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Discussion Starter · #1 ·
Hello all,


I have a 30x18 bonus room where a 60" SXRD RPTV resides. I was going to upsize to the 82" Mitsu DLP but now I am having second thougths. Plus the cost of the 82" vs. a Panny 4000 and a 106" screen is about the same. We will be sitting 15' from screen and the pj will be about 16' away using a drop down from the ceiling. A couple of questions though.


1) I only have 1 window 30' away from screen so outdoor lighting is not a concern. But this room is also my kids playroom so there will be some lights on most of the time( 2 lamps and ceiling fans w lights) The Sony does fine now. Will I be disappointed with the pj washing out?


2) Will the projector survive daily TV type usage? 3 hours a day on weekdays and 10-12 on weekends. Plus repeated on/offs as my son will use this to play the PS3. We watch mostly HD TV and Dish movies.


I know what I will get with the Mits DLP. But I need your help with the pj.

Thanks in advance.
 

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According to projectorreviews.com, the panny 4000 is slightly below average for brightness. Your ambient light is gonna wash out your image. I would look at the epson hc8100 if you are wanting 1080p. Lots of flexibility, great epson 2 year warranty, 4000 hr lamp life, and is very bright.


Quote from projectorreviews.com:


"All considered, this Epson should prove to be just about average in brightness in its best movie mode (Theater Black 1). When you need maximum lumens, though, the Epson appears to be the brightest of the "serious" under $2000 projectors. This combination should make the Home Cinema 8100 a really good choice for those of us who plan to view a mix of movies, sports and general TV viewing, on average sized screens from 90 to 110 inch diagonal, with the extra lumens in its "Dynamic" mode, allowing the Epson to provide a very watchable picture with sufficient ambient light to get sports fans out of the "cave" and into an environment more suitable for watching sports and TV with friends."


And it's about $400 cheaper. Just my 2 cents.
 

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Discussion Starter · #4 ·
Thanks, I will look into both pjs. My celings are 9-10 ft. I do have a ceiling fan between the pj and screen so I will prob have to use a extension on the mount.


How does the cycling on/off affect these units?
 

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Most of the damage to the lamp is caused when it is struck. This is because to strike a lamp it requires a high voltage electrical discharge across the electrodes followed by an extremely short period of boost current. This boost current is approximately 3 times the rated lamp current, this is what causes the most damage to the lamp as the electrodes are still cold when this current is pushed through them. (Cold is defined as anything longer than a few seconds). The best lamp lifetime will be achieved if it is struck once and left on, of course for this application it is not a viable option, but if you have been watching a movie and you need to go out it is better to leave the lamp on if you will be back within hour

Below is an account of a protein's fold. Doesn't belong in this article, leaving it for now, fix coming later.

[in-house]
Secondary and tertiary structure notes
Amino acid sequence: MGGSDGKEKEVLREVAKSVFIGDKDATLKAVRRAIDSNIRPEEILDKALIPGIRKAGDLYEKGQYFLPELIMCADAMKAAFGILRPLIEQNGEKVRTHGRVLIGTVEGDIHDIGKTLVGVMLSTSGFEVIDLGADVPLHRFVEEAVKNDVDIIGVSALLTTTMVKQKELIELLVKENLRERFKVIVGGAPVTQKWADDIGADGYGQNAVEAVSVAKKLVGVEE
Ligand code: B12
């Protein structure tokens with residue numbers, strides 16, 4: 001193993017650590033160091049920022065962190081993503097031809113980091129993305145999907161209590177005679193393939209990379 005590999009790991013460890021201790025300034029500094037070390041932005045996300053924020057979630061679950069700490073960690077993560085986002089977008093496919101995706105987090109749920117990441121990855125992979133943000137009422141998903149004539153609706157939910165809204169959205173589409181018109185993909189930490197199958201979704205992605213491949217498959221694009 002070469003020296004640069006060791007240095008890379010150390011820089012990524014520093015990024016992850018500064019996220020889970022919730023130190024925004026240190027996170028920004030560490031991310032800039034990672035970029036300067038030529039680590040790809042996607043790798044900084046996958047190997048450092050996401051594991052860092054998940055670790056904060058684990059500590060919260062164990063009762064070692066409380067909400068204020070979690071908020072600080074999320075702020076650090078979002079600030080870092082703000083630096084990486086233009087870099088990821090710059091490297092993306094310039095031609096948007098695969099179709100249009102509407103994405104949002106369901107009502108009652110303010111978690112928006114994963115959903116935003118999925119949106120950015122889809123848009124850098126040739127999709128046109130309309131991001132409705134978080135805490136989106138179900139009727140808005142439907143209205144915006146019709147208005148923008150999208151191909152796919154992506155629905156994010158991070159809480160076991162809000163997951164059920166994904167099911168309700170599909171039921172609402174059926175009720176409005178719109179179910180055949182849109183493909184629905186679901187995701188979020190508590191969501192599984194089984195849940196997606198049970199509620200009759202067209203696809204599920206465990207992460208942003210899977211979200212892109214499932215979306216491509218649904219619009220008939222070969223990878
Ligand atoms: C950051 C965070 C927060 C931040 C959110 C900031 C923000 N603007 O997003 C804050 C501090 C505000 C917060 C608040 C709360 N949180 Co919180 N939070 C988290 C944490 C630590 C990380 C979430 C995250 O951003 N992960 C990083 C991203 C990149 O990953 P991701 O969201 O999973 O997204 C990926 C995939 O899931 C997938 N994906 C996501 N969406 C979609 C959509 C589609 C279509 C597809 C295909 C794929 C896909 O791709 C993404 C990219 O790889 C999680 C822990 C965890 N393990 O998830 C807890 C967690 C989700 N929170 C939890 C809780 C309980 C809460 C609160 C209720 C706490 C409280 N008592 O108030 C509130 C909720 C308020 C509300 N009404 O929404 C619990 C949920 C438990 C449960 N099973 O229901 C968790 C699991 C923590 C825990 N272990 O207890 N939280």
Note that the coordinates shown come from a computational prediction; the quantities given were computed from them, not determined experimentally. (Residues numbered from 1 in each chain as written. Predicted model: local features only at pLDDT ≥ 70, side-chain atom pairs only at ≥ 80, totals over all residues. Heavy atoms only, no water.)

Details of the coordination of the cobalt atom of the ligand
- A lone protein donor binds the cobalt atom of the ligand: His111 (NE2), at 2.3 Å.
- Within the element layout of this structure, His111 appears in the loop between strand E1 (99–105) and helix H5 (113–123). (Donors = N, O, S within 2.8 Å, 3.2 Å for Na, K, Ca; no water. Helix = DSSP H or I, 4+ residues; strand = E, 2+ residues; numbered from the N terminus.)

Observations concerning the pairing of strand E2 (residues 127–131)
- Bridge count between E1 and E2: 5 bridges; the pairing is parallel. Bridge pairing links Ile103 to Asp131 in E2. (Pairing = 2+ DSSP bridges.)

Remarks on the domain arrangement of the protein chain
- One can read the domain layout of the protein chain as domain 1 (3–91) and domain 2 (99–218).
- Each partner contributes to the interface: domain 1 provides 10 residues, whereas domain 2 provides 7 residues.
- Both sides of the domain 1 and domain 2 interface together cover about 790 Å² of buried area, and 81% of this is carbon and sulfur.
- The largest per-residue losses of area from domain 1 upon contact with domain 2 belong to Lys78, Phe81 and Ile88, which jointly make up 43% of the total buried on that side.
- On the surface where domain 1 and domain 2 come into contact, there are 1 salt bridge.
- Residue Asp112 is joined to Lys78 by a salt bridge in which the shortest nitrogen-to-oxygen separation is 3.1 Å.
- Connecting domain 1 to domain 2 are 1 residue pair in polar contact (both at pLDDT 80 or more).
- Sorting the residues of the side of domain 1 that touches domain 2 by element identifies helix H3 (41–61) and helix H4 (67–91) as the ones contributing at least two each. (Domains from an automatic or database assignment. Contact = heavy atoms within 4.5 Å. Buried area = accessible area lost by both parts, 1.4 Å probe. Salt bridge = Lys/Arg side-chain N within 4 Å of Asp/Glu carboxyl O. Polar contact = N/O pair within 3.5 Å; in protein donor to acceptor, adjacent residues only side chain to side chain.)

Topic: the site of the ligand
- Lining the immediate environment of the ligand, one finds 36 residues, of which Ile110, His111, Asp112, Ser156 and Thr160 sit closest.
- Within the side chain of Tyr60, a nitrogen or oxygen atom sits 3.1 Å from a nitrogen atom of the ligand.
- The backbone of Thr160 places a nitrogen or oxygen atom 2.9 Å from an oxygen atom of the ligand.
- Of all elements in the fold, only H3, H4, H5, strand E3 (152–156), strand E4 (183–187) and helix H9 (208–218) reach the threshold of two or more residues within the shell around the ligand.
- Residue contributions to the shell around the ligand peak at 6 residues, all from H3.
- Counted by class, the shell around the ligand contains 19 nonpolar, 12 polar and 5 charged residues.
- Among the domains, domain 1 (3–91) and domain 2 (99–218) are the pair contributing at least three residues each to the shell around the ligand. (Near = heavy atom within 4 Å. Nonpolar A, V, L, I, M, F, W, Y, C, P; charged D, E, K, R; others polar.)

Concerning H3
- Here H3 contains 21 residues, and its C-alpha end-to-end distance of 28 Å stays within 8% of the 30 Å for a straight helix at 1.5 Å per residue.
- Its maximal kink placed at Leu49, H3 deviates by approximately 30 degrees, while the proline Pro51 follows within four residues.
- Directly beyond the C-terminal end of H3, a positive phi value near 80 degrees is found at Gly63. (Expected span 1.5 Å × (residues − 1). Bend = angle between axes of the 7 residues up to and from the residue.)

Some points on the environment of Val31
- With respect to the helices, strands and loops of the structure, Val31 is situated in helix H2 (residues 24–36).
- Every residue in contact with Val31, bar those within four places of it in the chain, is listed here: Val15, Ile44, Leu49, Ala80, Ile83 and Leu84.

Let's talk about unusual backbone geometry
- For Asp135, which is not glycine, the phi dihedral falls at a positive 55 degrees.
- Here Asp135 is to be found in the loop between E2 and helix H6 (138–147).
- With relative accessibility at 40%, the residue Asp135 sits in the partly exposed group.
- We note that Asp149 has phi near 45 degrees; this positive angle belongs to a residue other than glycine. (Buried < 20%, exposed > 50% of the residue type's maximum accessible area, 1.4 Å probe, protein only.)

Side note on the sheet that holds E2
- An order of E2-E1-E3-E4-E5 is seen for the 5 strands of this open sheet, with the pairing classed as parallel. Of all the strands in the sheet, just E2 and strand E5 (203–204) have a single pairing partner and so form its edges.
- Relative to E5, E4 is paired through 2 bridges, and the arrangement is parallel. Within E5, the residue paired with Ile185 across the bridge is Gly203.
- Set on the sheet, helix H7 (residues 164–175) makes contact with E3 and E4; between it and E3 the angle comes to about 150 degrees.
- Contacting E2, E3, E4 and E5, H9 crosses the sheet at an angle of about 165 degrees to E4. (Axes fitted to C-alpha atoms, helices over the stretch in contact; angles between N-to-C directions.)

I pulled this from a hometheater shack forum and, from what I've heard, it's the constant turning on/off the pj that kills the bulb and they aren't cheap to replace. If there's a time frame that the pj will see use, just leave the thing on.
 

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For your situation it sounds like you should keep the 60" SXRD RPTV for PS3, and a get a projector for movies.....

^This. Oh, but DO hook up the ps3 to your projector (should you choose to get one) every once in a while for long gaming sessions - it's the bees knees!
 

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You don't turn it on an off like a normal TV if you are going out of the room for a few minutes but I treat mine like a TV and have had it running for 3 years and if it were not for a color wheel going bad I wouldn't be in the market for a projector again. Playing Halo3 at 110" is pretty dang cool, and movies don't suck either.
 

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from what i understand rptv's use the same style bulbs as normal fp units do (except they are probably lower power in the rp units). so if he was already doing it on his old tv, i dont see a reason to think that bulb life would be too much of a surprise
 

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The Mits 82 inch TV is probably the biggest display available at a consumer affordable price point but it still can't compete with a projector and screen for creation of a Theater sized experience.


However the room needs to be in near total darkness to get the bright, crisp and well contrasted image for most ANY projector no matter what make or model - the image on the screen will be affected by any room light and the more light the more visible will be the image degradation.


True Home Theater experience needs darkened room plus projector and a movie sized screen - for watching everything else and with the room lights on you need a television.


This is why when I by accident fried our 56in 1080p RPTV I went out and bought the Mits 60in for $790 as we are happy to continue with that sized TV experience while using the PJ for Home Theater - in other words, keep your TV and get the projector and have the best of both solutions.
 
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